RANGEL: Good morning. This looks like a pretty good crowd. That’s
great. Thank you so much for being here. Had some apprehensions that I might not get the same turnout.
First of all, I’m trying to think of something that would be so catchy that would demand that your newspaper print it, and so I may give several things so that it’d be (inaudible).
First of all, I normally advise people, as I have been advised, not to respond to these allegations that I abused my congressional discretion in writing on behalf of a school institution named after me because it would blow over; or, as more often I’ve advised members, that remember you don’t have as much ink as the printers do.
So one of the things that I would use, hoping that it might catch on,
is that I’m going to see how much damn ink The Washington Post has.
So if at a time that we’re at war, we need education, health care,
unemployment, a fiscal crisis, the opening up of our treasury and
increase in billions of dollars in debt, if The Washington Post
believes that this warrants front page and editorials, then I feel
it’s my obligation to push this to the very limit so that members
whose elections may be adversely affected by unfounded rumors created
by the press, that they would have a clear idea as to what the ground
So to that extent they — another potential headline is, “Rangel
Insists That the Ethics Committee Investigate the Unfounded Charges,”
because, first of all, nobody that can read is going to bring any
charges against me, including The Washington Post, which, of course, I encourage them to do it, because then they have to follow their own
foundless story, and at least that gets some coverage on this in The
And I would want to make certain that other members are in the
position to know what they can or cannot do.
As to the allegations, I challenge The Washington Post — and if you
can find some word a little stronger than that — to show one line in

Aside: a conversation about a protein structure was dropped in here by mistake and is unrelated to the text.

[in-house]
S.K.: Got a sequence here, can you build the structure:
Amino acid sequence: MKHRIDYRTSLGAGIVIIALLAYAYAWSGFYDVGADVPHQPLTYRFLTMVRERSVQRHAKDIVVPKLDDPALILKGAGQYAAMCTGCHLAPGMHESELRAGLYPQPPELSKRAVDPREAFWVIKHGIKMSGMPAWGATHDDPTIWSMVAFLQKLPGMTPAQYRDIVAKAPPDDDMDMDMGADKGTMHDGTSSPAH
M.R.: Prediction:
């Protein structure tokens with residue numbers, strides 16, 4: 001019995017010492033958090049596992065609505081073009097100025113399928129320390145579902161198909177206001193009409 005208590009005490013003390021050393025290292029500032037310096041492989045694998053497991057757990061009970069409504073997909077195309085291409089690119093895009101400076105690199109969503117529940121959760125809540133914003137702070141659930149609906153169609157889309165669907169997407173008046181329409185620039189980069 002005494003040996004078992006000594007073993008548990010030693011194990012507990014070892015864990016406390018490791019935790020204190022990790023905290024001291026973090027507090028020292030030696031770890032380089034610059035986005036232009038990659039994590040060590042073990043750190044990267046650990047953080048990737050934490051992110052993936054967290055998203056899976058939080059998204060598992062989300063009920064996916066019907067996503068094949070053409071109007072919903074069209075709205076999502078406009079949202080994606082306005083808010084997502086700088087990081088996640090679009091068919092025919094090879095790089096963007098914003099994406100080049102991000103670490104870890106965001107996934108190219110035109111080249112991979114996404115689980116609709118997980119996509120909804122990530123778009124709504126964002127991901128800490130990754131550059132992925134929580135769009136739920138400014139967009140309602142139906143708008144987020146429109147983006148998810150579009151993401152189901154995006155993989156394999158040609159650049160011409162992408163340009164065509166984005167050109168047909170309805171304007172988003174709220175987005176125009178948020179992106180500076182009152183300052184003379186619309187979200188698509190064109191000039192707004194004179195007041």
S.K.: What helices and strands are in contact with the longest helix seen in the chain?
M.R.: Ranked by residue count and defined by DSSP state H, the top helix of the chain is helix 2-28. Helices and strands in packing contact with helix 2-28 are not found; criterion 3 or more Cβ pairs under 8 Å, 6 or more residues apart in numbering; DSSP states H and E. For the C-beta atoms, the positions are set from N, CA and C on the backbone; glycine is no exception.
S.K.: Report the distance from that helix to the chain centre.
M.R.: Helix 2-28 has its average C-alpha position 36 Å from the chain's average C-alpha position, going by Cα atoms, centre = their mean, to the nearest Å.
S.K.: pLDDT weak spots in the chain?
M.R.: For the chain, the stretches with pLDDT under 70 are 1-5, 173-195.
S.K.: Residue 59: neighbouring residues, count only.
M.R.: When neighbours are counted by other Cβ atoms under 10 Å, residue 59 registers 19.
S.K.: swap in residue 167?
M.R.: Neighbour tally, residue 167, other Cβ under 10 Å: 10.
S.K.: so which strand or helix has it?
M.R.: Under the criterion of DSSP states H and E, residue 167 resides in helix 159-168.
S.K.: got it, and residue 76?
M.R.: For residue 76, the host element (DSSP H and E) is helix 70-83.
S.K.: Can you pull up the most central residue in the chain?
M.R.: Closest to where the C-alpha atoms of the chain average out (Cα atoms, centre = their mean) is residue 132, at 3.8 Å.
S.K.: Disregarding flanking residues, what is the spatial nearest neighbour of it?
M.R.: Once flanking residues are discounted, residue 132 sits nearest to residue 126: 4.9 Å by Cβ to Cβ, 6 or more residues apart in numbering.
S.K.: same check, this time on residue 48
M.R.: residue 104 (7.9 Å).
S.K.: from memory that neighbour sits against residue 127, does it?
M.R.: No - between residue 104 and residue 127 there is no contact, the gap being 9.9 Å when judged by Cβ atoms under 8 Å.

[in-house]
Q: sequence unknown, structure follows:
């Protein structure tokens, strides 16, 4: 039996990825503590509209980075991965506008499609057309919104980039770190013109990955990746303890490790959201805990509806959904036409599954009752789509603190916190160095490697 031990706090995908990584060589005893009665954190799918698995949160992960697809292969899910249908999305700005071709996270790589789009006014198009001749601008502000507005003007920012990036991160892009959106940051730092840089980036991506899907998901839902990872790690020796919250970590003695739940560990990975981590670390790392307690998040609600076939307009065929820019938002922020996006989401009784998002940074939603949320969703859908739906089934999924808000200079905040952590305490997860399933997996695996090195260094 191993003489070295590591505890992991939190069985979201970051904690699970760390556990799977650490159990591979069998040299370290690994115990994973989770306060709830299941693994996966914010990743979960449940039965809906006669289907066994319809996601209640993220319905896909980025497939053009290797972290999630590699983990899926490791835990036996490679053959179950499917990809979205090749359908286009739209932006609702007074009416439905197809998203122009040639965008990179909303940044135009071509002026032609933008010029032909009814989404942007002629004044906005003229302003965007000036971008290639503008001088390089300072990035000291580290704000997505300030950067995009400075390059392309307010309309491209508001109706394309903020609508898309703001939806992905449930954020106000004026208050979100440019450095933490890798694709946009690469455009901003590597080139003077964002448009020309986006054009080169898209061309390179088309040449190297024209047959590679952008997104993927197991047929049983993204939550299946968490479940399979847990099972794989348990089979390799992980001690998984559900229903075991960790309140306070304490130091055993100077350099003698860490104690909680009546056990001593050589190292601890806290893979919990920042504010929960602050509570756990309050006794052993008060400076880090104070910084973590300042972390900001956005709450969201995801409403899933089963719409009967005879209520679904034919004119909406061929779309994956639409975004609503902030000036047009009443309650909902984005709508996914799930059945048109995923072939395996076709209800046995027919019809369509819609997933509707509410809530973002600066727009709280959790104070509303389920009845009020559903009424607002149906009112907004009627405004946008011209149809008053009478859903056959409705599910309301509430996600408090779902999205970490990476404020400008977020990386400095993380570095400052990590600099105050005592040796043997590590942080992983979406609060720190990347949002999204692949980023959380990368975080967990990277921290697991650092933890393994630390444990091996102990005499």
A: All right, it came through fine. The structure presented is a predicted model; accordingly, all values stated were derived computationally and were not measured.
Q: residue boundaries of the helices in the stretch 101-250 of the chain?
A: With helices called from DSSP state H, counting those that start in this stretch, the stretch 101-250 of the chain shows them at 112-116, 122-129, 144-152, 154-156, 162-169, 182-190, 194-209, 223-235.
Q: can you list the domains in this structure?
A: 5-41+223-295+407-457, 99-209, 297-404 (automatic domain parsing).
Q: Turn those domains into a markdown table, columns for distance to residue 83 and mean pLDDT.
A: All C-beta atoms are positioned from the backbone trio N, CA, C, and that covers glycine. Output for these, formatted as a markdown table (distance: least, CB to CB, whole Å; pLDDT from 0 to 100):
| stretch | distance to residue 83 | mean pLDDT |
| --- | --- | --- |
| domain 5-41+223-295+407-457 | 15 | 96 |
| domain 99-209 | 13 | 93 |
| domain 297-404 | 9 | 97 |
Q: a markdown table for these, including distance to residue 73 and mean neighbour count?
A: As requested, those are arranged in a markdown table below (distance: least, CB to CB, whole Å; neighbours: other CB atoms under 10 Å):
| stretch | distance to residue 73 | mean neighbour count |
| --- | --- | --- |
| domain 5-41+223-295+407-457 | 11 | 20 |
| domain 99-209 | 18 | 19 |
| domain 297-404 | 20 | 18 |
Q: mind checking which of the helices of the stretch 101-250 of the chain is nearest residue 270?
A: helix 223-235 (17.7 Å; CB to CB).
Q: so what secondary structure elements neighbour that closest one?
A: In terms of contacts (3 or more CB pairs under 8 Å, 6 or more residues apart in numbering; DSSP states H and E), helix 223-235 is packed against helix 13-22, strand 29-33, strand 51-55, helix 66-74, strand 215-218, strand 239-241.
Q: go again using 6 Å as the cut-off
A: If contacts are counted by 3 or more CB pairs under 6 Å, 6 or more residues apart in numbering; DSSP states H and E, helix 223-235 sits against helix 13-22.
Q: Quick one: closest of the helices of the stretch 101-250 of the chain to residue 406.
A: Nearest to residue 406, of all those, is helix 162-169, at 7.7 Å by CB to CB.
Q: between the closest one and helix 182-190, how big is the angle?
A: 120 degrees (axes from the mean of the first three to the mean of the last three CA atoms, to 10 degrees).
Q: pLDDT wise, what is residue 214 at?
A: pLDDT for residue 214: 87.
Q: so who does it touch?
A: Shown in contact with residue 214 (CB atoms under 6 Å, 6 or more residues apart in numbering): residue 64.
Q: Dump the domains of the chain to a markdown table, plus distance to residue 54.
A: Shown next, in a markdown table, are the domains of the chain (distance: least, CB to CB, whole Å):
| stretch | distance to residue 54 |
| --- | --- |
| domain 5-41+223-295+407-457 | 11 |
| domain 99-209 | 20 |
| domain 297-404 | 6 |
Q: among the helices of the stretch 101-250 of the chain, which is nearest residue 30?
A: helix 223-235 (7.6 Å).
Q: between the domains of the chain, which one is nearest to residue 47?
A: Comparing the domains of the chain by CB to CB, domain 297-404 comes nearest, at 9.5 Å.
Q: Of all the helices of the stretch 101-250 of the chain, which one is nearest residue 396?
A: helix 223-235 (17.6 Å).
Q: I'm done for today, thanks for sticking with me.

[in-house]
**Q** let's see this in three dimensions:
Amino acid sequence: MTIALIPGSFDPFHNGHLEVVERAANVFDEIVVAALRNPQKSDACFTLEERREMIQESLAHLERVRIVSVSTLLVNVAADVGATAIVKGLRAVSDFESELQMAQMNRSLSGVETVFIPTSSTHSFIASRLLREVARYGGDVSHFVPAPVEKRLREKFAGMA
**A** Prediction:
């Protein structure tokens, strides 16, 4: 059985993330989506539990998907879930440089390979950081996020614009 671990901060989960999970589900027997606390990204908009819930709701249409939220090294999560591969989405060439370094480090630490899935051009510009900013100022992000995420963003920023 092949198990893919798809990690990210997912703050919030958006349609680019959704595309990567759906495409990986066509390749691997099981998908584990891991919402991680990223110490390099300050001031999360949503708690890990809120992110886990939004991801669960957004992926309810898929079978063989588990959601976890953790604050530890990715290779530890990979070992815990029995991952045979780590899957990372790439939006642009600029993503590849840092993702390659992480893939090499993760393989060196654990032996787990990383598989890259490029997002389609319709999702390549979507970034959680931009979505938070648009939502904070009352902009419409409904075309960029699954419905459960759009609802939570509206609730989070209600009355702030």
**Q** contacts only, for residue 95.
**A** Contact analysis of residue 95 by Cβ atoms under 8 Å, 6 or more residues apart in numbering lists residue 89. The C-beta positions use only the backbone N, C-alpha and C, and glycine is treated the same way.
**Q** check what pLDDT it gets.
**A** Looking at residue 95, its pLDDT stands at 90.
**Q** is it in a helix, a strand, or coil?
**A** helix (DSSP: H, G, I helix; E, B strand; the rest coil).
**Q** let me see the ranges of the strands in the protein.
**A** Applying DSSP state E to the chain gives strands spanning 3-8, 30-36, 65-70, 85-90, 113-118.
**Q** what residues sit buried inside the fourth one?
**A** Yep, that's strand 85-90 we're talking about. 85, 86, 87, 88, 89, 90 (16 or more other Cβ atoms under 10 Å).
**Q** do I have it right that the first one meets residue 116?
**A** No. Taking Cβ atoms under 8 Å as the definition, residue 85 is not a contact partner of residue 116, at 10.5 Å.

any of the letters that I have sent out on behalf of the City College
institution, which their board of directors decided to name after me,
where there’s a solicitation for funds.
RANGEL: In all of the letters that were sent to not-for-profit
foundations, rather than as they say to people who may have business
before my committee, I encourage them to meet with City College to
learn more about the program.
In the three areas that you can say is not listed that I was writing
to a foundation, one of them was writing to David Rockefeller, and in
my mind — I was really writing to the Rockefeller foundation, but if
you want to say David Rockefeller has business before my committee —
well, he wakes in the morning, I assume, just breathing he has
business before my committee. But it was a Dear David letter. And I’ve known the guy, and his brother better when he was governor of New York.
The other one was Jack (sic) Greenberg, who while he was the executive director and (inaudible) the CEO of AIG — that’s the American Insurance Group — the only discussions I’ve ever had with him was our shared experience in Korea, where we both earned the Bronze Star. And in talking and writing the letter to him, again, he was known, as he is in the philanthropic world, as the CEO of Starr Foundation, which is one of the largest in the country.
The third exception is Don Trump, who on that letter, which was one of the letters that I know is in the possession of The Washington Post, is a handwritten note that I’m sending him the material as he
requested. And, of course, he has no issue before the committee.